Covington v. Threadgill

Decision Date28 February 1883
Citation88 N.C. 186
CourtNorth Carolina Supreme Court
PartiesT. COVINGTON v. S. H. THREADGILL, Adm'r.
OPINION TEXT STARTS HERE

CIVIL ACTION tried at Fall Term, 1881, of ANSON Superior Court, before Graves, J.

The plaintiff declares upon three notes, given him by the defendant's intestate, and also upon an open account.

The first note, dated in September, 1877, is for $49.95; the second, in November, 1877, for $40; and the third, in May, 1878, for $25. The account is a running one, commencing in May, 1878, and closing in September of that year, and is for $43.45.

The evidence was that the plaintiff was a licensed retailer of spirituous liquors in the town of Wadesboro, keeping also for sale cigars, tobacco, confectioneries, bacon and other groceries. The defendant's intestate was in the daily habit of buying spirituous liquors from him by the small measure, and drinking it in the shop, and often drunk to intoxication. At such times the plaintiff's custom was to charge the drinks as they were sold, upon strips of paper, which he would present to the intestate as soon as sober, and take his note therefor. Intestate would buy other articles which were charged in the same way, and also incorporated in the notes. The notes sued on were taken in this way, the greater part of each being for liquors sold, though exactly what part was for liquor and what for other things the witness (plaintiff) could not tell. They were not witnessed or taken in the presence of a witness. The open account was exclusively for liquors, the most of which was sold by retail.

The defendant requested the court to instruct the jury, that inasmuch as the notes sued on were given for liquors sold to his intestate by retail, and on a credit for a greater amount than ten dollars, the plaintiff, being a licensed retailer at the time, could not recover any part thereof, notwithstanding they were partly given for other articles, the sale of which was not prohibited. This instruction the court declined to give, but told the jury that if the notes were given in settlement of accounts made up partly of liquors sold, and partly of unprohibited articles, they should ascertain how much was given for liquors and how much for other articles, and as to the latter they should render their verdict for the plaintiff; and further, in case they should believe that the consideration of the notes consisted of liquors sold to the intestate, on a credit to a greater amount than ten dollars, that then they might return a verdict for the plaintiff, on account of the liquors thus sold, to the said amount of ten dollars.

The verdict was in conformity with the instructions given, and after judgment thereon, the defendant appealed.

Messrs. Hinsdale & Devereux, for plaintiff .

Messrs. J. A. Lockhart and Burwell & Walker, for defendant .

RUFFIN, J.

The defence rests upon the act of 1798 (Bat. Rev., ch. 81, § 4), which declares that “no retailer of liquors by the small measure shall sell to any person, on credit, liquors to a greater amount than ten dollars, unless the person credited sign a book or note in the presence of a witness in acknowledgment of the debt, under the penalty of losing the money so credited, and that in any action brought for the recovery of such debt, the matter of defence allowed by this section may be set up in the answer and given in evidence.”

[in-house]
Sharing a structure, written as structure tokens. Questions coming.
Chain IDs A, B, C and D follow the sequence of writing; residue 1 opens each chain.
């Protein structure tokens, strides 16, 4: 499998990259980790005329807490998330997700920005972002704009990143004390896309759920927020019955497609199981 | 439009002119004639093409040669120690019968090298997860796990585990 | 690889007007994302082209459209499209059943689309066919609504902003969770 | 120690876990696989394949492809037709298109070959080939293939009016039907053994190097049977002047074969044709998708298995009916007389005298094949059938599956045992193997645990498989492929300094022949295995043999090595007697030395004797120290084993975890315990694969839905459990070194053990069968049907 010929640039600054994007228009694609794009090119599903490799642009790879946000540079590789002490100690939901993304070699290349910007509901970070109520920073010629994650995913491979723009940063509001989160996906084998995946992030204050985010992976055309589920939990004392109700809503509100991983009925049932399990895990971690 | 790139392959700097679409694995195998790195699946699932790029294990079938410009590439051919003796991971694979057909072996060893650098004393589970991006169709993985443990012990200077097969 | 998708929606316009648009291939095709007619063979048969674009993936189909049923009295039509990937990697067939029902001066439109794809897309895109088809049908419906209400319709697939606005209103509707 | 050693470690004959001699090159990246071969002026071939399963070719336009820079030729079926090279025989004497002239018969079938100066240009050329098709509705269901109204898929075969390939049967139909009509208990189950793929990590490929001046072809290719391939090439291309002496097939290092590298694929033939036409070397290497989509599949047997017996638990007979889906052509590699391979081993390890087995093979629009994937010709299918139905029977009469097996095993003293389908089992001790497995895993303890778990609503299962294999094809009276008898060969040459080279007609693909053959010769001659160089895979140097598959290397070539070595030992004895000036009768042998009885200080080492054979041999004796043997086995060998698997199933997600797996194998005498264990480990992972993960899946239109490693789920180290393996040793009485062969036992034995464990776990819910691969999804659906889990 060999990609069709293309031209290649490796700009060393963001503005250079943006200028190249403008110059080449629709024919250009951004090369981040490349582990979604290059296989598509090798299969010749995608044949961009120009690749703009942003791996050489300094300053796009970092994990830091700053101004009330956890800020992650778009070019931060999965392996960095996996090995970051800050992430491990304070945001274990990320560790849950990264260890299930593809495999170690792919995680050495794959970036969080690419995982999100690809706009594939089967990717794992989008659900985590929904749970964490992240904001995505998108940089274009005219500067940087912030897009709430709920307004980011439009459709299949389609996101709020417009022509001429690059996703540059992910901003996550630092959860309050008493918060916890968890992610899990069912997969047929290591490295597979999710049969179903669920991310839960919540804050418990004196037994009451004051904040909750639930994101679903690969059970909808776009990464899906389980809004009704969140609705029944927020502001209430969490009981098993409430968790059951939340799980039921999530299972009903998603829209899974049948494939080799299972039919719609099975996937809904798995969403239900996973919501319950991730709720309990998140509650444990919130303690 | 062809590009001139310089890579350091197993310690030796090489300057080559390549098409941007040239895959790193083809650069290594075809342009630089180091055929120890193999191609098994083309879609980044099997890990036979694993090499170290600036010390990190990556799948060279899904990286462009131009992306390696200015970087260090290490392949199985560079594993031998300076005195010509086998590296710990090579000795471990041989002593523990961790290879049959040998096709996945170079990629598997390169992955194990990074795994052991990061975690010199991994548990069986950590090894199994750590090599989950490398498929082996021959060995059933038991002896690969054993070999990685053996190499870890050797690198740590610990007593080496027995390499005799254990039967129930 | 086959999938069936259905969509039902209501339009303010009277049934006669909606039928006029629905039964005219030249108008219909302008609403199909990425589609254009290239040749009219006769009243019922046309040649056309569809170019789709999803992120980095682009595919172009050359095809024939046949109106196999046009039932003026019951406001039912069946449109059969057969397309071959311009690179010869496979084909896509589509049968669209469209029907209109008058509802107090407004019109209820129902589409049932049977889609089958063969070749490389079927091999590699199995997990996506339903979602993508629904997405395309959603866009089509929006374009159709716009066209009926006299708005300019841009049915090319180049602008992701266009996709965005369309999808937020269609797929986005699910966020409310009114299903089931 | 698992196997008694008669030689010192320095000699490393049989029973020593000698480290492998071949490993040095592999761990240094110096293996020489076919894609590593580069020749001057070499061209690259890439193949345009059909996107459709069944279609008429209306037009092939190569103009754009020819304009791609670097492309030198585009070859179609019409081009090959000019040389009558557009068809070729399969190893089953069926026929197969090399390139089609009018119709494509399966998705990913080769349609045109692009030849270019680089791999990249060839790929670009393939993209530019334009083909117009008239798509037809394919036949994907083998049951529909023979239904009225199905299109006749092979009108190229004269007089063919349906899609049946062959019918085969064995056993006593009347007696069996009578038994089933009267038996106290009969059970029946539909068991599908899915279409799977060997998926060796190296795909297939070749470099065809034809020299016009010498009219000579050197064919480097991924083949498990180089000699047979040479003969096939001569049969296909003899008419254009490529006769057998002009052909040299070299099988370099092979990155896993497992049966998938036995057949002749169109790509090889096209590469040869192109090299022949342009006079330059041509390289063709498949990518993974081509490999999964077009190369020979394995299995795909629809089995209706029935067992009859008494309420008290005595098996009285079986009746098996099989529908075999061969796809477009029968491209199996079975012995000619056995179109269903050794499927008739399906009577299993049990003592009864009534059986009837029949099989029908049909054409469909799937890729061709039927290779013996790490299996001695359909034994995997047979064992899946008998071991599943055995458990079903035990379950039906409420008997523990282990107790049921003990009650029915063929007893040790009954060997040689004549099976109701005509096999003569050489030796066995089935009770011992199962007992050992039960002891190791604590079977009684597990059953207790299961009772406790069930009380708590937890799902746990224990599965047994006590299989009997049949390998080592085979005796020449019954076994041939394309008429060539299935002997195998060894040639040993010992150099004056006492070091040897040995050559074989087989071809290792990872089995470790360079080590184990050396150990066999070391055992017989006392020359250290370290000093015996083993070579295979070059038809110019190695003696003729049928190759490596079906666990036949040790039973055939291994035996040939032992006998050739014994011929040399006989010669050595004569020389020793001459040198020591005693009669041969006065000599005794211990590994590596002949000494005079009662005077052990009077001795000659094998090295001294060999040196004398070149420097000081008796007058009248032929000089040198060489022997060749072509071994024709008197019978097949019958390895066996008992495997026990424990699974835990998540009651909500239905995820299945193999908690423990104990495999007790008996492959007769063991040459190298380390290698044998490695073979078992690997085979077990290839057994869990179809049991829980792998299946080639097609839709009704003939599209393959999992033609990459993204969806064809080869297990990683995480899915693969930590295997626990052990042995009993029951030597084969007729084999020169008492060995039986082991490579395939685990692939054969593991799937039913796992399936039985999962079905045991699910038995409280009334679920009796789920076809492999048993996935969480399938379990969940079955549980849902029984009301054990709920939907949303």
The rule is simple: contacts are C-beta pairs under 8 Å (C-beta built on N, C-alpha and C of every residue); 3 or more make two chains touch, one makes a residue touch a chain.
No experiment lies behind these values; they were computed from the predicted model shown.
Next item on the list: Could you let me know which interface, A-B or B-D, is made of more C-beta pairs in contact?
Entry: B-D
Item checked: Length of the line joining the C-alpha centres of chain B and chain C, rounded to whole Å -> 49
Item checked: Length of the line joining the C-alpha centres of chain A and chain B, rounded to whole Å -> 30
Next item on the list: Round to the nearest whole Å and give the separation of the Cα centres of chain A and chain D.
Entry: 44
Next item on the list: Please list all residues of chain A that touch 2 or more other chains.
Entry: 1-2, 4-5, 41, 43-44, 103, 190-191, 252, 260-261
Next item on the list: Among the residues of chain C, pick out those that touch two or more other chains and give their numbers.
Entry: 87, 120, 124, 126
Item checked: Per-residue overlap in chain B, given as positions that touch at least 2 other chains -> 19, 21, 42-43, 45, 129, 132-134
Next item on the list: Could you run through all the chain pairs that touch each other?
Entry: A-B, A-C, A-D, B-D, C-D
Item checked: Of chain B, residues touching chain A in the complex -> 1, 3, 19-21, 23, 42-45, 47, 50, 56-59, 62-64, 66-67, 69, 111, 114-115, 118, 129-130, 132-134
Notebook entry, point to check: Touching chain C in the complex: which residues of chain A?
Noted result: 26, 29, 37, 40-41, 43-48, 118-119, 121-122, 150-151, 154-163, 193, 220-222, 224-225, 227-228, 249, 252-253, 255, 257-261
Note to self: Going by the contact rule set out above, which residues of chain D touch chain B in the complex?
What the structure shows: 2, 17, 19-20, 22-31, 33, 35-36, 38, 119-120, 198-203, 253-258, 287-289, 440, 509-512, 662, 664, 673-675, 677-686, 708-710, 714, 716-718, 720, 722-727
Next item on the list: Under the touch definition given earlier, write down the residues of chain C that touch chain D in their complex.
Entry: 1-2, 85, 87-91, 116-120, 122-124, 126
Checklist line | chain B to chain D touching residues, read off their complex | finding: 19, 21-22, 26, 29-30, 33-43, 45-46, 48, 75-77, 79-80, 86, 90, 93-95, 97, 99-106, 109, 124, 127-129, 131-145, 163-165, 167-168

The policy of the statute need not be commented on. It is such as has commended itself to the law-making power of the state, and the courts are in duty bound therefore to give effect to it, and it is not expected that any case will occur which will better serve to illustrate the wisdom of that policy and the necessity for its enforcement, than does this one between these...

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23 cases
  • Mcneill v. Durham & C R. Co
    • United States
    • North Carolina Supreme Court
    • June 1, 1904
    ...S. E. 839, 12 L. R. A. 409; Puckett v. Alexander, 102 N. C. 95, 8 S. E. 767, 3 L. R. A. 43; Griffin v. Hasty, 94 N. C. 438; Covington v. Threadgill, 88 N. C. 186; King v. Winants, 71 N. C. 469, 17 Am. Rep. 11; Whitaker v. Bond, 63 N. C. 290; Carter v. Greenwood, 58 N. C. 410; McRae v. Railr......
  • Crockett v. First Federal Sav. and Loan Ass'n of Charlotte
    • United States
    • North Carolina Supreme Court
    • May 14, 1976
    ...policy. Lamm v. Crumpler, 233 N.C. 717, 65 S.E.2d 336 (1951); Burbage v. Windley, 108 N.C. 357, 12 S.E. 839 (1891); Covington v. Threadgill, 88 N.C. 186, 189 (1883). Thus, in Tinsley v. Hoskins, 111 N.C. 340, 16 S.E. 325 (1892), this Court held unenforceable a provision in a note that, in e......
  • Pulitzer Publishing Co. v. Mcnichols
    • United States
    • Missouri Court of Appeals
    • February 4, 1913
    ... ... 409; Miller v. Ammon, 145 U.S. 421; Handy v ... Publishing Co., 41 Minn. 188; Wilbur v ... Stoepel, 82 Mich. 344; Covington v. Threadgill, ... 88 N.C. 186. (2) Where a publishing company contracts to ... publish a newspaper and to print advertisements therein, and ... ...
  • McNeill v. Durham & C.R. Co.
    • United States
    • North Carolina Supreme Court
    • June 1, 1904
    ... ... S.E. 839, 12 L. R. A. 409; Puckett v. Alexander, 102 ... N.C. 95, 8 S.E. 767, 3 L. R. A. 43; Griffin v ... Hasty, 94 N.C. 438; Covington v. Threadgill, 88 ... N.C. 186; King v. Winants, 71 N.C. 469, 17 Am. Rep ... 11; Whitaker v. Bond, 63 N.C. 290; Carter v ... Greenwood, ... ...
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